Review: 'Jupiter Ascending' is a Mixed Bag of Story and Imagery
by Jeremy Kirk
February 7, 2015
Good or bad, the films of the writing/directing sibling duo, The Wachowskis, have always struck a chord of interest. Even their less respected works either present noteworthy, sci-fi questions or deliver cool, sci-fi extravaganzas for the senses. Jupiter Ascending is their film most deserving of deep deconstruction. It’s a messy film, one that seems to have been sadly cut to shreds by post-production meddling. Its frantic structure and goofy accents keep it on the fringe of landing as highly as many of their previous works, perhaps all of them. For all of its hokey details though, Jupiter Ascending is a true Wachowski sci-fi action adventure that fully delivers the heart-stopping excitement for which we’ve all grown to love them. Read on!
Mila Kunis stars as the eponymous Jupiter, the only daughter to a Russian housekeeper, her father having been killed by thugs before she is even born. Jupiter and her mother live in a single room they share with her aunt, the three spending their days in the same, house-cleaning rut that seems to have no end. But Jupiter is more deserving than the labor-intensive life she’s been dealt. You see, she's royalty as far as the galaxy is concerned. She’s heir to one of the most powerful thrones in the universe, that being an endless superhighway of alien races conducting intergalactic business, as you do.
Naturally knowledge of Jupiter's birthright brings sadistic characters out of the woodwork, namely the children of the House of Abrasax (Eddie Redmayne, Douglas Booth, and Tuppence Middleton) who each have their own spoiled-brat stake in the galactic claim. Jupiter is soon on the top of a hitlist of bounty hunters and space-age warriors, chiefly a genetically modified, half-man/half-wolf (Channing Tatum basically playing a Mog from Spaceballs), and a race commences to find the girl and protect her.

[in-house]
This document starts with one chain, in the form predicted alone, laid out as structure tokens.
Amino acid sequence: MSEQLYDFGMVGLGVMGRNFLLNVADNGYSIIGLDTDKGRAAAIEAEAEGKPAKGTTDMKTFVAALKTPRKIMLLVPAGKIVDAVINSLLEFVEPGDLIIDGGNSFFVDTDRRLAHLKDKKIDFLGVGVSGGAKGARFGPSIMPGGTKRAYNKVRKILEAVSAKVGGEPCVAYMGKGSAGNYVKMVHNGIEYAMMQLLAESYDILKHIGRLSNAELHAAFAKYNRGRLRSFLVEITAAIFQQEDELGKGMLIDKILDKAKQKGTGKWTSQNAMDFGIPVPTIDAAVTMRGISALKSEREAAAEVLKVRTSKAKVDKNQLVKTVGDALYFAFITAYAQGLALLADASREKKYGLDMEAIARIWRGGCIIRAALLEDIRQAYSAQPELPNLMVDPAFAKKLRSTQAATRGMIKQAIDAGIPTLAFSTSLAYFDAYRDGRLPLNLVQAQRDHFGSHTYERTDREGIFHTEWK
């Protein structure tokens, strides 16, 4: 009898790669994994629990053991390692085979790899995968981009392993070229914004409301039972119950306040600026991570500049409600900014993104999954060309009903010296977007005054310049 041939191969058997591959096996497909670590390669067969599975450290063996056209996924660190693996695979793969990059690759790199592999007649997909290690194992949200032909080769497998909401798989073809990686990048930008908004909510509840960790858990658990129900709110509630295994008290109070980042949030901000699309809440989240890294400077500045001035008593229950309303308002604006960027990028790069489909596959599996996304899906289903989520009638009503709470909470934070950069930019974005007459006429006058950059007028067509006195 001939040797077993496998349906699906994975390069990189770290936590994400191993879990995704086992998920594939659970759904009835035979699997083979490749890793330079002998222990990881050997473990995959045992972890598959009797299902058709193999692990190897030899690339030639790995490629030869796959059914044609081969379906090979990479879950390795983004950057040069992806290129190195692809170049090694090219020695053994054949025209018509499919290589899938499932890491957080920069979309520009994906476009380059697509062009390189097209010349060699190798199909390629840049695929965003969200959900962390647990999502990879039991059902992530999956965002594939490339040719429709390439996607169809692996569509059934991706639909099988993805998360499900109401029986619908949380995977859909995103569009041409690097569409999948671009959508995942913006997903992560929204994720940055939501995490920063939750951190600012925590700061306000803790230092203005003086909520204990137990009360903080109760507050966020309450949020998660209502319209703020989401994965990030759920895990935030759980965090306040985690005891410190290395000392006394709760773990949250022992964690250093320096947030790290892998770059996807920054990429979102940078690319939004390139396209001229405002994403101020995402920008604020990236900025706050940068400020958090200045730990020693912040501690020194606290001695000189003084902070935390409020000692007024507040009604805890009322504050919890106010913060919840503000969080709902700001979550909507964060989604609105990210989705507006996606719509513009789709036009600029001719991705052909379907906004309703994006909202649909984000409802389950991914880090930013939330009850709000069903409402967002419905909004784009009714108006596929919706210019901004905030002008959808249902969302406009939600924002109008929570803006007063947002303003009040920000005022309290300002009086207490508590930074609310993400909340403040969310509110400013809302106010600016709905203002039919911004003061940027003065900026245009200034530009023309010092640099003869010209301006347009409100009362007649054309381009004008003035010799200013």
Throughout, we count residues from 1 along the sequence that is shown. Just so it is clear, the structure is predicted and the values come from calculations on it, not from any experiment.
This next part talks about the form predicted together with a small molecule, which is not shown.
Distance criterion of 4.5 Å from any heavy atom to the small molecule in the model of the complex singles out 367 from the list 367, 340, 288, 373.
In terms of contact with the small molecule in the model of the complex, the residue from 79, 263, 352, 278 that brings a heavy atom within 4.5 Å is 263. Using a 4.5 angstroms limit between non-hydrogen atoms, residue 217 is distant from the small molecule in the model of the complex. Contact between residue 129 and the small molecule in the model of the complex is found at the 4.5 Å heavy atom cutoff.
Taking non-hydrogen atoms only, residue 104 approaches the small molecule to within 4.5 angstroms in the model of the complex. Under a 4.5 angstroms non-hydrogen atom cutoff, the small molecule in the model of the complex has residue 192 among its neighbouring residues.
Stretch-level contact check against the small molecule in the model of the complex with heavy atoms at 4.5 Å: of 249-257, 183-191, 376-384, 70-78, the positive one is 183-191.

With intergalactic politics, wildly eccentric and colorful characters, and enough space battles to wipe out half a dozen solar systems, it’s easy to spot Jupiter Ascending as the Wachowskis' Star Wars, a gigantic, space opera with equal parts intrigue and incitement. To look at a number of single frames of their film, you may even mistake it for even the worst entry in George Lucas’ saga. Yeah, that one. Jupiter Ascending is overloaded with CG creations: the strange monsters, exotic locations, and massive starships that apparently have to make up the universe in sci-fi movies these days. Some of it is overkill, though the grandiosity of the story they're telling is certainly deserving of such epic visuals. But this comes with its own set of drawbacks.
Far too often, especially in earlier moments, The Wachowskis move their film at an uncomfortable pace. Action scenes amp up far too early without the slightest sense of establishment. Characters make choices and events play out with nary a shred of evidence as to why. Motivations are eventually explained here, usually a scene or two after the fact, but the narrative frequently slips into complicacy and even confusion, the spectacle of what’s playing out, gorgeous as it all may be, is required to be enough for our attention. Sure, this works more times than not. A chase/battle in downtown Chicago is a visual highlight, and every chase/battle that takes place among the stars is more breathtaking than the last.